King Tut and the Winter Palace Hotel

Winter Palace in Luxor was built in 1886.
The rear of the luxurious Winter Palace Hotel in Luxor. The Winter Palace was built in 1886. Photo by Rich Grant

Built in 1886, the Winter Palace has changed little since the day Carter told the world about the discovery by posting a notice on the hotel’s bulletin board. Lord Carnarvon had taken a suite in the hotel, and Carter was a frequent guest. The hotel became the press center for the discovery, which became a worldwide sensation – unleashing what the Americans called, “Tut-mania.”

“The idea of buried treasure is one that appeals to most of us,” Carter wrote. From grand movie palaces in Hollywood to the famed Chrysler Building in New York, architects became fascinated by Egyptian art, incorporating it into their Art Deco designs, while starlets placed dark black makeup under their eyes to mimic the look of Egyptian women found on 3,300-year-old drawings.

The Winter Palace lobby
The lobby of the Winter Palace. Photo by Rich Grant

Sofitel Winter Palace Luxor

At the center of “Tut-mania” and headquarters for the international press corps following the story was the Winter Palace Hotel. Today, standing in the lobby, it’s easy to picture men in white suites and hats and women in the long dresses of the 1920s standing on the same tile floor, anxious to hear about the latest treasure coming from the tomb. The hotel is a classic piece of Edwardian England — as if Downton Abbey had been picked up and dropped in the desert. Which could not be more appropriate. Lord Carnarvon’s home in England was Highclere Castle – the gorgeous Jacobethan country house that was destined to later be filmed and become the fictional Downtown Abbey.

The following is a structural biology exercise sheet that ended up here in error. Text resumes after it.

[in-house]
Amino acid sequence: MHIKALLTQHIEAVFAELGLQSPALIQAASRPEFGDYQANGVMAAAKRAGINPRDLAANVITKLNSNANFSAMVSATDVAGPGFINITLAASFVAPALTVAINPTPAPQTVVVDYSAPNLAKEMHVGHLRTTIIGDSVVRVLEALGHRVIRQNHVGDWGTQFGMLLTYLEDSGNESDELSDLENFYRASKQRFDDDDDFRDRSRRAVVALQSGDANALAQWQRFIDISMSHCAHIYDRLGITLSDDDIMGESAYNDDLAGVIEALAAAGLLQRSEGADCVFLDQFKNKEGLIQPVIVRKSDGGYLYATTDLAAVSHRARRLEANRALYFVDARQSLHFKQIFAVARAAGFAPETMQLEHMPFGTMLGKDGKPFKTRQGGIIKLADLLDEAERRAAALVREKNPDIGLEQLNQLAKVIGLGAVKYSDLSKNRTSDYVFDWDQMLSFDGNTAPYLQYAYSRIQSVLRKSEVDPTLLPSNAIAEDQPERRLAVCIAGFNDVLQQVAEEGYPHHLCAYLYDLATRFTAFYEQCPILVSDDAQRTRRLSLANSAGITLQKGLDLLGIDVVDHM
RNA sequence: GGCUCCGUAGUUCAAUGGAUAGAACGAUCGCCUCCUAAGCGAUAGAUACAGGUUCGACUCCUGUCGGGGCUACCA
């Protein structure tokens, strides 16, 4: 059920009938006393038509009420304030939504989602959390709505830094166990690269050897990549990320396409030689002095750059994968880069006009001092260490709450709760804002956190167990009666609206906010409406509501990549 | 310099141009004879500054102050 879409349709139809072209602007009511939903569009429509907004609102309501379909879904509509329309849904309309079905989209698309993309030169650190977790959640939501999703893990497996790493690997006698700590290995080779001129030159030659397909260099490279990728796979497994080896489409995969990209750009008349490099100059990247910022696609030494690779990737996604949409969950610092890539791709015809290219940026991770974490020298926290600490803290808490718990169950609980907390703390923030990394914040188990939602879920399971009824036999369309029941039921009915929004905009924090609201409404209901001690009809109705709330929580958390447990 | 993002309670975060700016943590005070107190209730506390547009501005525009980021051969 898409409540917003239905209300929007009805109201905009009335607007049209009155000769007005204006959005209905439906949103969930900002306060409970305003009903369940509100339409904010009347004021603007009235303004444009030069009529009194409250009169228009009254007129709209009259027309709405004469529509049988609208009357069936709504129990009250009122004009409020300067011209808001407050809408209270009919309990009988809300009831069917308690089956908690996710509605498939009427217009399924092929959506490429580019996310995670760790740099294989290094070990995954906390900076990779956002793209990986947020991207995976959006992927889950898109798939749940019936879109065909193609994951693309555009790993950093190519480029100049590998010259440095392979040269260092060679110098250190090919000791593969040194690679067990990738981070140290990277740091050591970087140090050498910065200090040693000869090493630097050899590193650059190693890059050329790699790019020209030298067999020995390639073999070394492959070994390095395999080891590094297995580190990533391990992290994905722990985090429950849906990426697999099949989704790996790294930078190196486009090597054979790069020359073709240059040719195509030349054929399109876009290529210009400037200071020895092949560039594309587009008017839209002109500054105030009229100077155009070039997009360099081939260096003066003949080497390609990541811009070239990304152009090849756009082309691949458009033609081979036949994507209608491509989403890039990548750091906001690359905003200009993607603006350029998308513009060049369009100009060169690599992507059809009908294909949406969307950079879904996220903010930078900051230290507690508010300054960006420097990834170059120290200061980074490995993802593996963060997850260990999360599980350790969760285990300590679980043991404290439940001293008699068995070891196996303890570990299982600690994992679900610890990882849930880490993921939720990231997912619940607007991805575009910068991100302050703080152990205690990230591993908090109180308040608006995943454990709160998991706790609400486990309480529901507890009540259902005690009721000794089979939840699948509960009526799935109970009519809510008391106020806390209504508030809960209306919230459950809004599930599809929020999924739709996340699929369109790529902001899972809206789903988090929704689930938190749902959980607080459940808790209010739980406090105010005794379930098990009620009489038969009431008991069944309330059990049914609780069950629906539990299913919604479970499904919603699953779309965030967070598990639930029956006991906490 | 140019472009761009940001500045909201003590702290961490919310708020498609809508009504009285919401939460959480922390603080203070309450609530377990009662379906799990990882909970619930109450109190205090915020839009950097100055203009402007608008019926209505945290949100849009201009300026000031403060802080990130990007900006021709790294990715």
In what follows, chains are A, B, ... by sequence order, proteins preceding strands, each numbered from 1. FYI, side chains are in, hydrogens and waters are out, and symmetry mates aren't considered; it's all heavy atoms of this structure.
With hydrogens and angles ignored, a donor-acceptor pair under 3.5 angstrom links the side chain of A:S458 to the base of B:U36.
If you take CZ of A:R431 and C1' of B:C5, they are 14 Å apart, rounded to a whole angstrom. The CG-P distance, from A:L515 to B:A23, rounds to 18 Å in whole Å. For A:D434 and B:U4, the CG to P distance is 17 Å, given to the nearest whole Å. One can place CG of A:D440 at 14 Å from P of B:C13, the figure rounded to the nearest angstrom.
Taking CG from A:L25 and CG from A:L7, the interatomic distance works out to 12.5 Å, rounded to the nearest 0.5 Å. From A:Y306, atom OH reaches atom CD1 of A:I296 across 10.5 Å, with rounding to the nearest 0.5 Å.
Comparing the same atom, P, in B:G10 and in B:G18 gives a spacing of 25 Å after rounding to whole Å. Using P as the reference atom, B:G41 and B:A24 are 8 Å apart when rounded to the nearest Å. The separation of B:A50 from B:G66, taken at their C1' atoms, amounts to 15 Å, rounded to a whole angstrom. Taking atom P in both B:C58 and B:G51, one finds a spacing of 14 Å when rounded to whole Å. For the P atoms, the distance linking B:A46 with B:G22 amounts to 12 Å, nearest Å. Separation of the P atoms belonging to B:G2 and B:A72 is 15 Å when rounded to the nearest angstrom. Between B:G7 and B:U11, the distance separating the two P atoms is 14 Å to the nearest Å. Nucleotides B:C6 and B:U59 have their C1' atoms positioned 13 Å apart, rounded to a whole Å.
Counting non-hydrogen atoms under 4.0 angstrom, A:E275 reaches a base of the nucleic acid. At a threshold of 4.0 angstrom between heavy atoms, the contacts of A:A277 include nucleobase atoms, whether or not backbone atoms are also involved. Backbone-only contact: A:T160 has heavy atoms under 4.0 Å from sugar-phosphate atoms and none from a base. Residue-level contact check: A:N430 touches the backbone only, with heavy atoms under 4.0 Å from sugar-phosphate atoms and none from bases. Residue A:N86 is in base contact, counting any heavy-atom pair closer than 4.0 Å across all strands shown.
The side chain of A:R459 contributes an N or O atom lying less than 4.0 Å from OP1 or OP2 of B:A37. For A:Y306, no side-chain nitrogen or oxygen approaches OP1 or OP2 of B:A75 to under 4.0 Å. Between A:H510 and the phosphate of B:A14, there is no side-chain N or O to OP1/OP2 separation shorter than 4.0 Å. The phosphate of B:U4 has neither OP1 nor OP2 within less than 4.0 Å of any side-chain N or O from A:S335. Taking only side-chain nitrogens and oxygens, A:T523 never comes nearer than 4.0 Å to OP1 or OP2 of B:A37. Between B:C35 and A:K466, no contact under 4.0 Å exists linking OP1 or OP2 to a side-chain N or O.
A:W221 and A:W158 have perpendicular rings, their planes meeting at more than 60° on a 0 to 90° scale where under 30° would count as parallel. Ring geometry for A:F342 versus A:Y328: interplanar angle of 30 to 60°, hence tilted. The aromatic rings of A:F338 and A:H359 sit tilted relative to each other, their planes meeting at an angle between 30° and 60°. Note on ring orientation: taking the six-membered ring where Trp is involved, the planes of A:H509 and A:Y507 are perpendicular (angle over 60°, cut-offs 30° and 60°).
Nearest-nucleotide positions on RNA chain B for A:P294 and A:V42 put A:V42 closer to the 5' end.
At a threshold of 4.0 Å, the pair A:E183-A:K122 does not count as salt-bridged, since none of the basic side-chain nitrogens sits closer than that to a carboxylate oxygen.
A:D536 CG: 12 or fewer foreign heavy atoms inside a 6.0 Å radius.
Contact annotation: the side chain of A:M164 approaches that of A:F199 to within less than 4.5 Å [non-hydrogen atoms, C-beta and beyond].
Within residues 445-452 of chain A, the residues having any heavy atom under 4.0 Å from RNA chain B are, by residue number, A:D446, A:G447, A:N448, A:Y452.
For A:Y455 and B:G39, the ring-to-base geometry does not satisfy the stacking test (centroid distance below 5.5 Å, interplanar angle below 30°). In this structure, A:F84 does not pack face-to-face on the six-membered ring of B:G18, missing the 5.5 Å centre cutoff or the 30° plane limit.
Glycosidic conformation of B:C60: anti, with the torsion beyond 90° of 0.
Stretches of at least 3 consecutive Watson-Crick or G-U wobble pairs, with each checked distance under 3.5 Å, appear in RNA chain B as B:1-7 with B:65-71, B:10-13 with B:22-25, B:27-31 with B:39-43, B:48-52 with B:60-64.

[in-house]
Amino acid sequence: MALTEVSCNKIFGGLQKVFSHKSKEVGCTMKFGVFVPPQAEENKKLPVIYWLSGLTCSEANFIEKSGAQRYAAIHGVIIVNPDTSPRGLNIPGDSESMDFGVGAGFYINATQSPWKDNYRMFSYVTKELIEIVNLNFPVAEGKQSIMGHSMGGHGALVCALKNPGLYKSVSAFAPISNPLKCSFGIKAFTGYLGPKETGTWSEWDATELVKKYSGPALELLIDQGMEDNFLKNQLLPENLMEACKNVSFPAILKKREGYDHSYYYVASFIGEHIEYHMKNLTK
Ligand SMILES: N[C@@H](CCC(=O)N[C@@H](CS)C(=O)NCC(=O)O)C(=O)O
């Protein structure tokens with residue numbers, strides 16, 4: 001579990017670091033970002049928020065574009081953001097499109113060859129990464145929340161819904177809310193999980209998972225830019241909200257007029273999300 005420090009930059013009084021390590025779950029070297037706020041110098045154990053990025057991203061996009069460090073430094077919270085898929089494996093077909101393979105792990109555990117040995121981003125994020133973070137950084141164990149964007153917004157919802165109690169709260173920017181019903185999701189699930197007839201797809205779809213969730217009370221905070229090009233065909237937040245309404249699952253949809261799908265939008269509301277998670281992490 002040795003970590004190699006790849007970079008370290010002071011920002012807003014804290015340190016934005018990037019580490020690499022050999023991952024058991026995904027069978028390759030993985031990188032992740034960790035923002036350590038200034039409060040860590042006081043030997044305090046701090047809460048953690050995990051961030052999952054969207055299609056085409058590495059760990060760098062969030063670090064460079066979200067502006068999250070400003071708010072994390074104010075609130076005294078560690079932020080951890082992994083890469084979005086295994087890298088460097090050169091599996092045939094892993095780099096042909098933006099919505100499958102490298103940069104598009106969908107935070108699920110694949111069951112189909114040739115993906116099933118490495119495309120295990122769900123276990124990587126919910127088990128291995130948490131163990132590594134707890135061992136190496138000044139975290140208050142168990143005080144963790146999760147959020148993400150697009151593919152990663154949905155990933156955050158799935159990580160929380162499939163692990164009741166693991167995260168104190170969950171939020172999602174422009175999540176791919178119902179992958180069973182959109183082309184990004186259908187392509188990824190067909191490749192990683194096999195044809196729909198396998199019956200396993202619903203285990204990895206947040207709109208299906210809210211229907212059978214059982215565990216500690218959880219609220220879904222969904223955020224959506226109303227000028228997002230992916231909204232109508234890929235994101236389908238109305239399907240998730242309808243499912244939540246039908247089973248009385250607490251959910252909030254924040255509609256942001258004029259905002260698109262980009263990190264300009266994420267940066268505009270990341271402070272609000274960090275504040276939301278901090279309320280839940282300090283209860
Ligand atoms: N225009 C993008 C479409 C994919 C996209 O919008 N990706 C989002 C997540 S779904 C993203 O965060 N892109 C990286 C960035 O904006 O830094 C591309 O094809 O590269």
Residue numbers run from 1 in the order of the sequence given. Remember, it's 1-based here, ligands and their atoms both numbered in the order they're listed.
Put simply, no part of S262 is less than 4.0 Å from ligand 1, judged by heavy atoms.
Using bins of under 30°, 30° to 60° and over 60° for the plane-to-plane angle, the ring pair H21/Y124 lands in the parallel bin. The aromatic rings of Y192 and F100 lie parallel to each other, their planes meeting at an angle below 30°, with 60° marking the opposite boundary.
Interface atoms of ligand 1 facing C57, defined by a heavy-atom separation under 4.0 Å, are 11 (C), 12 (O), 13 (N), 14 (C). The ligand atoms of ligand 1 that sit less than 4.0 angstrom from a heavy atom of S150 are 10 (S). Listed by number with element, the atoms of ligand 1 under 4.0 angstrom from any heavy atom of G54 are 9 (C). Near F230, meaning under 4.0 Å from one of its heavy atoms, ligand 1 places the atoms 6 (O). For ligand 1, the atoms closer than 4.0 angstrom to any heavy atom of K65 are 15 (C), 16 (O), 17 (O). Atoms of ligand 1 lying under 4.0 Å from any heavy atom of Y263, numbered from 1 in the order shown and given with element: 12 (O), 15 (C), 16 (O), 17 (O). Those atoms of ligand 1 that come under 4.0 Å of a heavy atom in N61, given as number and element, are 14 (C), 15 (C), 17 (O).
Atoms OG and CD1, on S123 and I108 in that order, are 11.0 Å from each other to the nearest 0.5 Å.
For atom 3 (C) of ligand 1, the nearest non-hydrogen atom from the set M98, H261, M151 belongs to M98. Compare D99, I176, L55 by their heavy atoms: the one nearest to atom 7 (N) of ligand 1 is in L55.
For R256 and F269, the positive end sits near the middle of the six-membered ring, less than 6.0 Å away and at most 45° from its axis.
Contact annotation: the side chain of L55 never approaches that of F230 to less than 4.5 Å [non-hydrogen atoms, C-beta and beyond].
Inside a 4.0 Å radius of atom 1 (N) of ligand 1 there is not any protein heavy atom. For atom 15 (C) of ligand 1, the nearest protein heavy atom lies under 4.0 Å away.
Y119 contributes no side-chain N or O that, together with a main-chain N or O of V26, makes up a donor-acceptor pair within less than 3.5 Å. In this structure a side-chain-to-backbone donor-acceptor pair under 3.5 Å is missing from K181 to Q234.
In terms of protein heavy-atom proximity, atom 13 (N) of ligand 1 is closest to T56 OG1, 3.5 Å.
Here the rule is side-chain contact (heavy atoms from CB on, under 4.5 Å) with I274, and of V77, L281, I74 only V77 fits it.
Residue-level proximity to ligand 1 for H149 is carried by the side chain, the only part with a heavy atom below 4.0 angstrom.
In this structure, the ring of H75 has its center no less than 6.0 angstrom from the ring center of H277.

Winter Palace lobby bar. Photo by Rich Grant
The lobby bar at the Winter Palace. Photo by Rich Grant

The outside entrance to the hotel is a curving marble staircase covered with a red carpet. Passing through a wood revolving door, the lobby is cool after the hot Egyptian sun, with a grand staircase at the far end, lined with a curving ironwork balustrade. Brilliant chandeliers hang from above in a three-story atrium. There are overstuffed chairs, palm trees in brass planters, paintings of famous Egyptians and a most unusual wood and brass shoeshine chair that occupies the center of the room. Hotel staff will greet you with a cold karkade, a refreshing hibiscus tea.

Egyptian King Farouk, the last king of Egypt, was a frequent guest of the hotel, which also entertained Winston Churchill, Princess Caroline of Monaco, Jaqueline Kennedy, Tony Blair and Prince Charles and Lady Diana.

The lobby pours out into the highlight of the hotel — a 40,000-square-meter garden. Filled with 50 different types of trees, the garden offers quiet paths ringed with pink bougainvillea that wind past fountains and small plazas. Bananas, lime, orange and other fruit trees add fragrance to the air. Keep an eye out for Hod Hod birds that still roam the gardens. The long beak birds are depicted on 3,500-year-old drawings in the nearby Luxor Temple.

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